I would like to fix the parameter gamma by using the following heuristic and then select C using GridSearch:

taking the inverse of variance of RBF.

gamma= 1/(2*sigma^(2))

I wrote the following funcion :

def get_gamma(data):
    return gamma

my data is of shape (200,1436). 200 examples

Am I calculating gamma in the right way?

Correct me if l'm wrong :

for each of 1436 dimensions, we compute the mean of each dimension, then we subtract each data point of that dimension from its mean (here we have 200 examples) divided by 200. Then we get an array of 1436 values that represents variances within each dimension. Then we sum these variances and divide by 1436 and we get a scalar. Finally we multiply this scalar by 2 and compute its inverse, hence we get : $$\gamma= \frac{1}{2 \sigma^2} $$ Am I correct?


1 Answer 1


Setting $\gamma = \frac{1}{2 \sigma^2}$ is merely a simplification of the RBF kernel function that gets rid of the fraction in the expression.

Generally $\sigma$ is a free parameter of the kernel function. Of course, in some cases your approach might result in a reasonable choice for gamma, but that might not always be the case.

Consider the following scenario:

Here we have a bivariate data set with the features $A$ and $B$.

With your computation of $\gamma$ as

$$\gamma = \frac{1}{2\cdot \frac{\sum_{i=1}^{D} Var(X_i)}{D}}$$ and $$Var(A)=1.62$$ $$Var(B)=1.67$$ we get $$\gamma = \frac{1}{2\cdot \frac{1.62+1.67}{2}}=\frac{1}{3.29}=0.304$$

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Using the default C value (1 in Matlab? I don't know right now) we end up with a decent accuracy score. The x-markers indicate wrongly classified instances.

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However, here the variances of the features were somewhat similar. If there are features with significantly higher or lower variance, this might become problematic.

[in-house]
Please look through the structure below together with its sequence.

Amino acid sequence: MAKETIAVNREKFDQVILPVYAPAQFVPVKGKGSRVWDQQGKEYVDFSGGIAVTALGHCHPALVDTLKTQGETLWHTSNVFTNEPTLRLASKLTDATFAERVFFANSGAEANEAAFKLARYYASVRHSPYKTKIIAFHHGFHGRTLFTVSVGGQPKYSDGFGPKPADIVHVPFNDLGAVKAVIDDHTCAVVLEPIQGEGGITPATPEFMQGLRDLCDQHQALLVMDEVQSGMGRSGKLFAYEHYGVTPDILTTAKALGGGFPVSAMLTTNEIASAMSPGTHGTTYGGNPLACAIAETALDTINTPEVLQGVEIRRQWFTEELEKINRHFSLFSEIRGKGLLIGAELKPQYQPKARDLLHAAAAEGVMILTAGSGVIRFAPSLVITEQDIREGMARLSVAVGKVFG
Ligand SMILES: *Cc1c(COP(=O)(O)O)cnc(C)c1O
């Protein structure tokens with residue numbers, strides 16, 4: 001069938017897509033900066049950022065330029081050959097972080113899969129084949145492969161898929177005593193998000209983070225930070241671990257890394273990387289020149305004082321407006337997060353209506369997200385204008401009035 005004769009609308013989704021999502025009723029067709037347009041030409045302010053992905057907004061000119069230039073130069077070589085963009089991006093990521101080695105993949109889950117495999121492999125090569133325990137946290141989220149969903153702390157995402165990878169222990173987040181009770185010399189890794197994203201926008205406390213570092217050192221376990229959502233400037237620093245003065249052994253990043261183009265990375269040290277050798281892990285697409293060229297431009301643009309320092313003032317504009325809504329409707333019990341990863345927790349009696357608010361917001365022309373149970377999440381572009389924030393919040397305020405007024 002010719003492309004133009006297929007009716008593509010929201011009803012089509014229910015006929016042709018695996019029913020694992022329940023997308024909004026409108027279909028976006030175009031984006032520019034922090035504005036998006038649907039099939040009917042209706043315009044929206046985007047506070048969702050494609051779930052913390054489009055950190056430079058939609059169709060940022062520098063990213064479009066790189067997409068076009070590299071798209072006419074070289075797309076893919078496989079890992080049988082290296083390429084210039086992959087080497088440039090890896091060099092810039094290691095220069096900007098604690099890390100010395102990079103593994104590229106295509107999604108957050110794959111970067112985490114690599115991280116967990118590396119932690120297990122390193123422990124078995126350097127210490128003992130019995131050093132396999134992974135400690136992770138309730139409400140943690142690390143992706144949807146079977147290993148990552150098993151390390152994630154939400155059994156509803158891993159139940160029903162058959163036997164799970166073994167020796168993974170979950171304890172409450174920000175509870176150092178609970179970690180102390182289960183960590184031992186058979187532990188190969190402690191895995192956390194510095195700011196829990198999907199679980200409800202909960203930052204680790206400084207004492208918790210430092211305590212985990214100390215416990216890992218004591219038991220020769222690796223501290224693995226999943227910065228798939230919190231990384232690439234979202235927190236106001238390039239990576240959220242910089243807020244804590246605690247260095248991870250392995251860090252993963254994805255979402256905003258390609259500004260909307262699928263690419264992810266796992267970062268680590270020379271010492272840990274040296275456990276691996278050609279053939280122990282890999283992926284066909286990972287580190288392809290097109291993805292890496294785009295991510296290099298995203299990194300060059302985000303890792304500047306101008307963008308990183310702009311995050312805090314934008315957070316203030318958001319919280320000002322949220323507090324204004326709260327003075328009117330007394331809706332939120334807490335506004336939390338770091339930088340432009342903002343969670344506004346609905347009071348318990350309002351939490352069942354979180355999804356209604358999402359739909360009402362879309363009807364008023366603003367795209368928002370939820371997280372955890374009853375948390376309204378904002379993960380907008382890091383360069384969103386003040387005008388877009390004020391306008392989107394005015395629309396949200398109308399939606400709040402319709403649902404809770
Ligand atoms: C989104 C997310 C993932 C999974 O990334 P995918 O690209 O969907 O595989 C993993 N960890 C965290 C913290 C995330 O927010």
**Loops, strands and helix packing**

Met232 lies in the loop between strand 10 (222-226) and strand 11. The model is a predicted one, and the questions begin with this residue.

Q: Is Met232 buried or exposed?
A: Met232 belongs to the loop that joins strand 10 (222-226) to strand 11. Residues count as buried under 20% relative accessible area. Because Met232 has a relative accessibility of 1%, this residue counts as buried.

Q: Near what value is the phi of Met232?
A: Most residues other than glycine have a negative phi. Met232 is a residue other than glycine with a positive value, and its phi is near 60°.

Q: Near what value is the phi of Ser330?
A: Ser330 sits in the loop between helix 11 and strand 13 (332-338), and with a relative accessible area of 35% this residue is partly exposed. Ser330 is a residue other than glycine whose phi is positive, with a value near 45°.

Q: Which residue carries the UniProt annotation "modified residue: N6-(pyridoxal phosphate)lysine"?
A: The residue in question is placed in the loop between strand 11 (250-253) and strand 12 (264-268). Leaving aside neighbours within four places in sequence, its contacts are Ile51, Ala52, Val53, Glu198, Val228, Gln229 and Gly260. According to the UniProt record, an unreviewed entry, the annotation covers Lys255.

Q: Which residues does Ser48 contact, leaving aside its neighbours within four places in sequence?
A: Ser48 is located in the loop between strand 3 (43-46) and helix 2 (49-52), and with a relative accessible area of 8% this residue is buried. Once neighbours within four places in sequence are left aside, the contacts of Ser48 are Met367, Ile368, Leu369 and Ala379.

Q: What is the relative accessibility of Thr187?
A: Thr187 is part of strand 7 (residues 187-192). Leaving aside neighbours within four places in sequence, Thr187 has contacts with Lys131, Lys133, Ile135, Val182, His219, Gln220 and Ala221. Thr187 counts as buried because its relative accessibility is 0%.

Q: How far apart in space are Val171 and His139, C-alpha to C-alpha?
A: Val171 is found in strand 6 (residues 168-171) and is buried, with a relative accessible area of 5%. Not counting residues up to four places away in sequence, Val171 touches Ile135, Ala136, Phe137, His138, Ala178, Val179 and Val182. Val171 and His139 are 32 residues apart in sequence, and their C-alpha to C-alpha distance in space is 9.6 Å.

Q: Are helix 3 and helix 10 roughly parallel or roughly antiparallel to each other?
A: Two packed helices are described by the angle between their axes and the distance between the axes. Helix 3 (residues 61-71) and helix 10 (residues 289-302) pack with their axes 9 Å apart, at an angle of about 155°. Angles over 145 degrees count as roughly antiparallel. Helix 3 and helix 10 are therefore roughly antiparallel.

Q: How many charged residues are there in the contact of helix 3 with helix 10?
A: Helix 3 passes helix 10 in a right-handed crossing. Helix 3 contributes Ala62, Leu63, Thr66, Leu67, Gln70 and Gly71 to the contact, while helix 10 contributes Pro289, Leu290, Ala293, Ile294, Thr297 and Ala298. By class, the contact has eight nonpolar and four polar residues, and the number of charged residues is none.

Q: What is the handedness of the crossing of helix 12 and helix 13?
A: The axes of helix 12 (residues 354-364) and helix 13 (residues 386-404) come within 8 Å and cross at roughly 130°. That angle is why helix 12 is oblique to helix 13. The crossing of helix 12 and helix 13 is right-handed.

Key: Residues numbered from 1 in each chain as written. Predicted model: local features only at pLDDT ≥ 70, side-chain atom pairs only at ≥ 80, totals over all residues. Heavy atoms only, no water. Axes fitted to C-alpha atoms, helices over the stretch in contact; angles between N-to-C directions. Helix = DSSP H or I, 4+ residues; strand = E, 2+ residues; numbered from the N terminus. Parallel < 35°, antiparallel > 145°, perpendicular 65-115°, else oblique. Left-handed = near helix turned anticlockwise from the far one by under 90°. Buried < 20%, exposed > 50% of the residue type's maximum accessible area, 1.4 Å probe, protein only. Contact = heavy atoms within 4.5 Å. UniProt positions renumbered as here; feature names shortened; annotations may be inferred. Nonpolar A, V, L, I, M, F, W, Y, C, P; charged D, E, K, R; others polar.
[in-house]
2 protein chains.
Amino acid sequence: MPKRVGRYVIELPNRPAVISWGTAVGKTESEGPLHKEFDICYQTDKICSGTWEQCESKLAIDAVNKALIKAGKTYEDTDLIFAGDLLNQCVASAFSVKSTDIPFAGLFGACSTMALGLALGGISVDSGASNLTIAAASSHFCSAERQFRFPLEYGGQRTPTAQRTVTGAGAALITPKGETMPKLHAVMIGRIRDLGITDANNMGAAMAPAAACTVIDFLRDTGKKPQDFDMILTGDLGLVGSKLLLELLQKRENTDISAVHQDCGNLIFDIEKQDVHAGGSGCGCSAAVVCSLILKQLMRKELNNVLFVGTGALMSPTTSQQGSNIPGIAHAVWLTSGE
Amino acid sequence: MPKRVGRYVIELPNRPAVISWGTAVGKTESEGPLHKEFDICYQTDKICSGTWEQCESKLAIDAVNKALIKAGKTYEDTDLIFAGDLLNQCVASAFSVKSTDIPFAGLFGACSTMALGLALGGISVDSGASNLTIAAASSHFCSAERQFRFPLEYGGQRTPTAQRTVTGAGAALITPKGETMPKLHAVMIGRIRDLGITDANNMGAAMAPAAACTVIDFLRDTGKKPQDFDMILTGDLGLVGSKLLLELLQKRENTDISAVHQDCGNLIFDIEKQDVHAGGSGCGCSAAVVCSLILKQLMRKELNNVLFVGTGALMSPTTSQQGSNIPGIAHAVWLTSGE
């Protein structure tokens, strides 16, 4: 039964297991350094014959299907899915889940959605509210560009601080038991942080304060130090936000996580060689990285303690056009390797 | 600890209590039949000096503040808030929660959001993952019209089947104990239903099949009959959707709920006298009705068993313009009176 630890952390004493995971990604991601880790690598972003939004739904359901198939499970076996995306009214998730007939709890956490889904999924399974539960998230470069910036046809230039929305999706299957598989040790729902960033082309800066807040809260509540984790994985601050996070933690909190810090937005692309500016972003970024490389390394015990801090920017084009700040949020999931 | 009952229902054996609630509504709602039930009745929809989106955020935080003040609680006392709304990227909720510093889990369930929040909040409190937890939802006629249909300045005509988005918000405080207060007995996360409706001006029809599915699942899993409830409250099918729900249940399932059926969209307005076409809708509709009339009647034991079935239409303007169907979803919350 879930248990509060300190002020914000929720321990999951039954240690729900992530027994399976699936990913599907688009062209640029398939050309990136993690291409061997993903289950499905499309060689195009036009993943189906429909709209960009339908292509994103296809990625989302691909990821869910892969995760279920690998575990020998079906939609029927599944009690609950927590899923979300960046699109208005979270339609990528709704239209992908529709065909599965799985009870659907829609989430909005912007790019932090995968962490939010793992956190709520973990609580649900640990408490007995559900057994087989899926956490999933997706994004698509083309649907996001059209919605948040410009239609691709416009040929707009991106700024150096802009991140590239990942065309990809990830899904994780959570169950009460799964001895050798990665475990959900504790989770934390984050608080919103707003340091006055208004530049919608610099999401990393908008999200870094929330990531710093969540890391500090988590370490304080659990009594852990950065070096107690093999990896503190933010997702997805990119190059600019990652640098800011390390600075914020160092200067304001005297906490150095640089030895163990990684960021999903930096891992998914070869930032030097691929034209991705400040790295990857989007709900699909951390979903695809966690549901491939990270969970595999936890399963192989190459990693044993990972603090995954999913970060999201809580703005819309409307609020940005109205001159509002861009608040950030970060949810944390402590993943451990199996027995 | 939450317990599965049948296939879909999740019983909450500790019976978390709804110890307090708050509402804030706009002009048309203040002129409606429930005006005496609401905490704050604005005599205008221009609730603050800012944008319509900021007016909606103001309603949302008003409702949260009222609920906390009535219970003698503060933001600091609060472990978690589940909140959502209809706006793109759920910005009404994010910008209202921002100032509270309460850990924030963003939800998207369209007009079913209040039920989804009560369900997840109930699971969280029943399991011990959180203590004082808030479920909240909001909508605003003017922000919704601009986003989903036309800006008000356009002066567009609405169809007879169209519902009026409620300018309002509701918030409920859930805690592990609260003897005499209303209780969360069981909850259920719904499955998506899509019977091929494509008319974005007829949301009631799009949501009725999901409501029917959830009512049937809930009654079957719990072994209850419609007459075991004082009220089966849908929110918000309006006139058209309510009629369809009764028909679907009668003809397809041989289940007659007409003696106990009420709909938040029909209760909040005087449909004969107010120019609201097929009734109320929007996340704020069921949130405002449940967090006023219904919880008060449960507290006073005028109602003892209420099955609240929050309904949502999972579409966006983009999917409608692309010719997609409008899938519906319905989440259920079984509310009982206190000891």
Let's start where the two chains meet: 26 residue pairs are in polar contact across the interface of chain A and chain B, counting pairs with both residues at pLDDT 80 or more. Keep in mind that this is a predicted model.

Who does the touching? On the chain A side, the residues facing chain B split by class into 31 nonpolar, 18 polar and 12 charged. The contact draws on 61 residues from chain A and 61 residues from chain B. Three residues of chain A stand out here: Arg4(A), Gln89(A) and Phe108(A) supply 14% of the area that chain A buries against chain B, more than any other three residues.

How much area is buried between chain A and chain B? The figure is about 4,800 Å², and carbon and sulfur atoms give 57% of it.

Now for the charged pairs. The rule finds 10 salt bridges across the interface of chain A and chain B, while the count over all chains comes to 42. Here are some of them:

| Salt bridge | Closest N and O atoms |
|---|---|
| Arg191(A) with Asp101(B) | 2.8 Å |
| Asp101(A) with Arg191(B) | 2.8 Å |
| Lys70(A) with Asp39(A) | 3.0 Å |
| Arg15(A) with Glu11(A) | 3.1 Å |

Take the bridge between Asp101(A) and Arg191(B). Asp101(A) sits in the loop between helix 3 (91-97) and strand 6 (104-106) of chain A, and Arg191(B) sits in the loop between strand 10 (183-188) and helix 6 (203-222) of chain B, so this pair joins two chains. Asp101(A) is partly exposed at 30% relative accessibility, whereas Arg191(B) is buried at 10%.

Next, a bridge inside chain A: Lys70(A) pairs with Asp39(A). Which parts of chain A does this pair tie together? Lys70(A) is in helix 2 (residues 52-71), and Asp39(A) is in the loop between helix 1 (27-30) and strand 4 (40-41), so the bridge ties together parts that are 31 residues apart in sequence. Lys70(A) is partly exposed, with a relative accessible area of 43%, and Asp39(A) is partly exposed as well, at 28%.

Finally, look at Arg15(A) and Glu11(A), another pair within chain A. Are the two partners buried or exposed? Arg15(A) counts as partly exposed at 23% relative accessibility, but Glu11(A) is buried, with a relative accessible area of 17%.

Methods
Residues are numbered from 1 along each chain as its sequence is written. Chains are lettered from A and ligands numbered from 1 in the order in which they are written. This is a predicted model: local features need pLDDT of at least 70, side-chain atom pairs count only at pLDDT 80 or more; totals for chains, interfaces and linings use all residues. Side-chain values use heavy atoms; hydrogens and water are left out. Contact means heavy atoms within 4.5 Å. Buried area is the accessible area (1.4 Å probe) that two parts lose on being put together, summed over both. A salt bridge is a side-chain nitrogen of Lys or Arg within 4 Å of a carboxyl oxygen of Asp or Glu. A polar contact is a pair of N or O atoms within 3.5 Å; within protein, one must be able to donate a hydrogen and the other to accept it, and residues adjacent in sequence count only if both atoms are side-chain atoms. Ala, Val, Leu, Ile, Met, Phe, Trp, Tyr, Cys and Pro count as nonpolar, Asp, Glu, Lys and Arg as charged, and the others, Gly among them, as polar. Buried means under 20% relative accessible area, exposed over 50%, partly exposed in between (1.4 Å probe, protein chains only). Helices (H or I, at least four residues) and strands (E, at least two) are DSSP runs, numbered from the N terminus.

Extending this example...

let us add two additional features, $C$ and $D$. Again we compute $\gamma$

$$ Var(C) = 50.05$$ $$Var(D) = 4.14$$ $$\gamma = \frac{1}{2\cdot \frac{1.62+1.67+50.05 + 4.14}{4}}=\frac{1}{28.74}=0.034$$

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resulting in pretty terrible accuracy, as expected (~50%).

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Standardization is required for this to work

Since the features in our data can vary in their scale and variance, your described approach can leave us with bad results. To account for this variation, we can standardize our features to have $\mu=0$ and $\sigma=1$ by computing

$X_{new} = \frac{X - \mu}{\sigma}$

This way we end up with $\gamma=0.5$, since all features have standard deviation 1. This results in a very good accuracy on our multivariate example.

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Yes it is possible to fix $\gamma$ as you described, but this can cause complications if the scales and variances of the features vary strongly. Standardizing the features can mitigate this, making the described approach a valid selection for $\gamma$.


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